Mar 30, 2011
Nurses and public education supporters converge on Lansing today
LANSING – Things are quiet here in the Capitol city in the first week of a two week spring break where the House and Senate are not in session, but there are at least two protests and demonstrations set for today, as well as a couple of stealth-like committee meetings.
The Michigan Nurses Association is town today, Wednesday March 30, for a conference at the Lansing Center, and at 1 p.m. they will march from the Lansing Center to the Capitol for a rally on the Capitol steps in a show of support for safe patient care and against the Governor’s proposed budget cuts that balances the budget on the backs of the working poor and middle class.
A group is also holding an education rally for today at the last minute because the House K-12 Appropriations sub-committee called a last minute committee meeting for 2 p.m. today, just meeting the time requirement for the Open Meetings Act, to take testimony on the School Aid budget.
Snyder’s budget will ensure many school districts will fall into financial martial law and require an all-powerful emergency financial manger by cutting more than $700 per pupil and raids the School Aid Fund for K-12 to cover the Higher Education budget.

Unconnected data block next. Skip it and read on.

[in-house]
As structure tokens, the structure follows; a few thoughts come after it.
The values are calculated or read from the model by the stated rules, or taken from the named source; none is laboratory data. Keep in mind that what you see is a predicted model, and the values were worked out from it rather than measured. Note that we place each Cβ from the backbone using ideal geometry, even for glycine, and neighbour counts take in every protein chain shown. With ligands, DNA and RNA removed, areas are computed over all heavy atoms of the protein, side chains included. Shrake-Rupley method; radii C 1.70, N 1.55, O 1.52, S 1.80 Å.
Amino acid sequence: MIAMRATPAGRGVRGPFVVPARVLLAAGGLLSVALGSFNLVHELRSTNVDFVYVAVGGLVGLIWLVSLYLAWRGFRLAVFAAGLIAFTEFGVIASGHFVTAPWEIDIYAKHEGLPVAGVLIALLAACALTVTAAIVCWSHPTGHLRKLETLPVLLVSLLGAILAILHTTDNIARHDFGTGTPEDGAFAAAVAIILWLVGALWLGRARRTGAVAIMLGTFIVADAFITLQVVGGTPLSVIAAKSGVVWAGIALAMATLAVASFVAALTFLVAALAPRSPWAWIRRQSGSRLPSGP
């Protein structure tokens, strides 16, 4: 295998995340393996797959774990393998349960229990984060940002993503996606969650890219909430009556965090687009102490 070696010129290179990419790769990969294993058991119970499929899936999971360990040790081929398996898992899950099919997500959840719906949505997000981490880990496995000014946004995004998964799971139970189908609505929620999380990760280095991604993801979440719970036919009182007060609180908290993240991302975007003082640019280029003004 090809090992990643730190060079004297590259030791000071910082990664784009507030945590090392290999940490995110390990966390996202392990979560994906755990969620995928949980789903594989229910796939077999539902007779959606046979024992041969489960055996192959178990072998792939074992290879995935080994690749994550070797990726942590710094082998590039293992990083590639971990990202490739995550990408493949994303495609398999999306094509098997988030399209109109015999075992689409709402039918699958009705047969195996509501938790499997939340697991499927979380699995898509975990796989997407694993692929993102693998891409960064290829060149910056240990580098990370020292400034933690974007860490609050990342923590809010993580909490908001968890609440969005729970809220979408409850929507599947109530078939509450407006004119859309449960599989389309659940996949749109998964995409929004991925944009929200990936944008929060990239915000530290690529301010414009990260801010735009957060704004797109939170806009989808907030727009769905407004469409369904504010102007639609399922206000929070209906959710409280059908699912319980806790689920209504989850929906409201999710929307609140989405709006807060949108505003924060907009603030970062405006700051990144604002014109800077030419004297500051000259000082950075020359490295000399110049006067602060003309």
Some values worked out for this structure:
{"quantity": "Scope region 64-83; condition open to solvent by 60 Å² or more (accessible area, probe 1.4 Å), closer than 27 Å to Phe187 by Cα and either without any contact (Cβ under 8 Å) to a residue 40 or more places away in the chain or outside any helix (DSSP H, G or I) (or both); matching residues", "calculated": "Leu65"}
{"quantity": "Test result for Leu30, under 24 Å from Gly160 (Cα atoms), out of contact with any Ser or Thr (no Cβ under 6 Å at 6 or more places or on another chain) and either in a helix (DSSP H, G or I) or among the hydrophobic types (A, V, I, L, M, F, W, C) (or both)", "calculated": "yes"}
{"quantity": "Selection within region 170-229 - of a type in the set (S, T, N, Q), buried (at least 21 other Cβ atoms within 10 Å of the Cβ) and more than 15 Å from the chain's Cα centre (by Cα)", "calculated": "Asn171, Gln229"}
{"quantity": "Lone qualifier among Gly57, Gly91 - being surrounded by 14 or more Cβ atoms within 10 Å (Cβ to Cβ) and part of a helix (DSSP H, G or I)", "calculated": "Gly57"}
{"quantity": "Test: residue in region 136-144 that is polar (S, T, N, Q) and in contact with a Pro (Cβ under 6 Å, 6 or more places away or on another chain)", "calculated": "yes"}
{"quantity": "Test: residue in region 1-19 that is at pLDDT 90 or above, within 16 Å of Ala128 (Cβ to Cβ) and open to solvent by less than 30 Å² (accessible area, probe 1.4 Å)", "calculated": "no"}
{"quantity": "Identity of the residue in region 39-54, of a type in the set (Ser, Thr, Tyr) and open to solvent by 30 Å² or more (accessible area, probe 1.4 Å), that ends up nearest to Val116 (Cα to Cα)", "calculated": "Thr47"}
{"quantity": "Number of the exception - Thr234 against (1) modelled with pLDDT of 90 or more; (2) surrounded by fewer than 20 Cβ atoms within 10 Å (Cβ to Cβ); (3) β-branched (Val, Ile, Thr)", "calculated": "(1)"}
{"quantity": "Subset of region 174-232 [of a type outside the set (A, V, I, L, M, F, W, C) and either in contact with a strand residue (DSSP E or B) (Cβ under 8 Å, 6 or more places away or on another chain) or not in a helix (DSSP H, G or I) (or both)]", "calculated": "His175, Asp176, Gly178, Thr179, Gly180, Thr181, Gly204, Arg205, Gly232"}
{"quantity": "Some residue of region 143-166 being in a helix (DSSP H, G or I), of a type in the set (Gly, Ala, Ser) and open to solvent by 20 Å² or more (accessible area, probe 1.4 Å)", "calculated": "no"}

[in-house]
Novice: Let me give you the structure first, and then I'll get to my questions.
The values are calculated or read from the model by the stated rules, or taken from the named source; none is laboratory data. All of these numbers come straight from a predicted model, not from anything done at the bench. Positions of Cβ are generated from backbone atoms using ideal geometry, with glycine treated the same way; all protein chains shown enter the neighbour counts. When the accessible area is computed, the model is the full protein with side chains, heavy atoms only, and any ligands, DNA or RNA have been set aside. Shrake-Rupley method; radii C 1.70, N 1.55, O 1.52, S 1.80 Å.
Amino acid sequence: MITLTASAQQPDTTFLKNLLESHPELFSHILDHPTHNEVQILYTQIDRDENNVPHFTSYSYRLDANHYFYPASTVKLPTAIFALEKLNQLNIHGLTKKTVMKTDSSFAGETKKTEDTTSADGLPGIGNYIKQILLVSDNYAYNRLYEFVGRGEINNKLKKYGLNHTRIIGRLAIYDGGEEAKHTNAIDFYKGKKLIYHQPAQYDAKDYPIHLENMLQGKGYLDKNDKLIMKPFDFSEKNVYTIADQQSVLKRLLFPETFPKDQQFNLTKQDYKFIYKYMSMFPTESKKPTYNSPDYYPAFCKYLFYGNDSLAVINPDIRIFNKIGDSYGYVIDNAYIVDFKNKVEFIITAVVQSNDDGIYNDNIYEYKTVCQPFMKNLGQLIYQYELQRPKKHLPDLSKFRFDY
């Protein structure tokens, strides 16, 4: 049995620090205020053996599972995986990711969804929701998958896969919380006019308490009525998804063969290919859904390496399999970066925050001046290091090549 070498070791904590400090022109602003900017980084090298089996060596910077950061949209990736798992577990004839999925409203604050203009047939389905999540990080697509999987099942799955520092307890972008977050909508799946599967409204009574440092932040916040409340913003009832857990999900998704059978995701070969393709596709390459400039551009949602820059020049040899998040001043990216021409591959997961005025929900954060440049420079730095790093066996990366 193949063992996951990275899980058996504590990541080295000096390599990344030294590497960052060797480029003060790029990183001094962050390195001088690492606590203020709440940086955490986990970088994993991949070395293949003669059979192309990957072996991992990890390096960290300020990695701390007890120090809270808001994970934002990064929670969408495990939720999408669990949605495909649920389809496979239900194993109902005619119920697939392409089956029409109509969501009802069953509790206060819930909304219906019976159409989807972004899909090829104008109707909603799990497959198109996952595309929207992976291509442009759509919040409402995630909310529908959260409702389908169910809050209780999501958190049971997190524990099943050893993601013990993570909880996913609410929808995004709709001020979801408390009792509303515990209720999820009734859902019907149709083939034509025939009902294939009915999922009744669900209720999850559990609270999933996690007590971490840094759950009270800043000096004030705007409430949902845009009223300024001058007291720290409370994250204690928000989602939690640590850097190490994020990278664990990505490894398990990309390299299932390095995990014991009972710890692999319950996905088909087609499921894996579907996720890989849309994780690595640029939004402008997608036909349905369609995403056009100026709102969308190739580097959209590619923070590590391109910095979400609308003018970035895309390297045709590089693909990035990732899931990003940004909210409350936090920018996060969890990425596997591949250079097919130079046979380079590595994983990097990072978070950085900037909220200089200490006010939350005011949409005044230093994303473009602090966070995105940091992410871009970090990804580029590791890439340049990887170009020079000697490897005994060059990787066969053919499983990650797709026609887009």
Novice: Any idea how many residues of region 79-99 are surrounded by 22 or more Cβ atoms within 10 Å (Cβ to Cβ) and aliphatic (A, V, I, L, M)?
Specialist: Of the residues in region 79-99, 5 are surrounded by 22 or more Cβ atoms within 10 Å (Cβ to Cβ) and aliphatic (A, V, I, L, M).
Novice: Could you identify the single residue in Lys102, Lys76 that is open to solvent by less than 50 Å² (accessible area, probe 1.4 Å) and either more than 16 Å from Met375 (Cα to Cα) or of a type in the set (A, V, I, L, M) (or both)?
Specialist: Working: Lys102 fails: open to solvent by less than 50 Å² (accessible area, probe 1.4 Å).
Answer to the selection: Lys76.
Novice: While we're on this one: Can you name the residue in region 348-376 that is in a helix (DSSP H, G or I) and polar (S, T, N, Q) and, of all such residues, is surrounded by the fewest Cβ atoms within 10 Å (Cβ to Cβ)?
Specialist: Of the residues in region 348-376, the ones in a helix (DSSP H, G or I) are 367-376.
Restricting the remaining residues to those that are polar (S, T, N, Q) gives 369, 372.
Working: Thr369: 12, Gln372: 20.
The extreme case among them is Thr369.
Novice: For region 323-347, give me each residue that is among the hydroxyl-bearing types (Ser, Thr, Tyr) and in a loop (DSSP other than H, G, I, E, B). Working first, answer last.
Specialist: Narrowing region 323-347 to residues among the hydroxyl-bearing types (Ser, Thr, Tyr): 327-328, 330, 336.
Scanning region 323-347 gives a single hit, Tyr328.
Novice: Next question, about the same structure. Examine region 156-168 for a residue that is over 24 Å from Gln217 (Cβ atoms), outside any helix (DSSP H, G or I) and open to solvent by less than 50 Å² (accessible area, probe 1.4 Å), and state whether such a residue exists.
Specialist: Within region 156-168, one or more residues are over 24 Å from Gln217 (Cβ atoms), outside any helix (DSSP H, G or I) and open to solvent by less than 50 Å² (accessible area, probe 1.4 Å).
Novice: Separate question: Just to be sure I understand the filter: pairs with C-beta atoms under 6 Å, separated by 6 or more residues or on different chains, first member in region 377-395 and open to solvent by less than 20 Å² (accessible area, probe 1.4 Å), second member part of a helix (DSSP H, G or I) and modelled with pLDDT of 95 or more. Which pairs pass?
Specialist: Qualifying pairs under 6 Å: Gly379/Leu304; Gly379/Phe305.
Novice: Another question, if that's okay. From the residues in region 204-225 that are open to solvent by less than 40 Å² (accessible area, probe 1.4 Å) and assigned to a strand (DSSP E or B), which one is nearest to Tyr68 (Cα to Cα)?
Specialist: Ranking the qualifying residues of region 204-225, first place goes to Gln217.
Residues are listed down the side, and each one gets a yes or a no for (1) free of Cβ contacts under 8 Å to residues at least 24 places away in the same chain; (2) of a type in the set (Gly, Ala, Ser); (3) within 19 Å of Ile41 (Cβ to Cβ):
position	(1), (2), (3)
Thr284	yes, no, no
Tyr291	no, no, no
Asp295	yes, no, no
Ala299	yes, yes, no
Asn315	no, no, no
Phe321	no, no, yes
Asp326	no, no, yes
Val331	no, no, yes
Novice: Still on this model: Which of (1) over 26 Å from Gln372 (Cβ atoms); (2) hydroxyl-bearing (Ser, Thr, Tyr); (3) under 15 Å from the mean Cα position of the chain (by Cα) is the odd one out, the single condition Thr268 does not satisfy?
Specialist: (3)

The meeting is being held in room 352 of the Capitol, and not only are committee meetings open to the public, but you have a right to speak. To make sure your voice is heard, arrive early because testimony is on a first come first serve basis. Make sure you fill out a committee card located right outside the committee room to let them know you would like to testify and make sure the committee clerk gets it. A written copy of your testimony is preferred, but not required, in addition to your public comments, and the standard is to bring 15 copies of your testimony so that every member of the committee, chaired by Rep. Bill Rogers, R-Brighton, gets a copy.
The Senate so-called Reforms, Restructuring and Reinventing Committee is also meeting at 8:30 a.m. this morning to consider a couple of anti-collective bargaining measures. They will be taking up Senate Bill 7 that would create the "Publicly Funded Health Insurance Contribution Act" to require that all public employees pay at least 20 percent of the premium costs of health insurance plans, regardless of what was agreed to in collective bargaining.
The committee is also taking up Senate Concurrent Resolution C that would amend the State Constitution to require all state employees, local government employees and employees of public universities to pay at least 20 percent of their health care premium.
The committee meets in rooms 402 and 403 of the Capitol.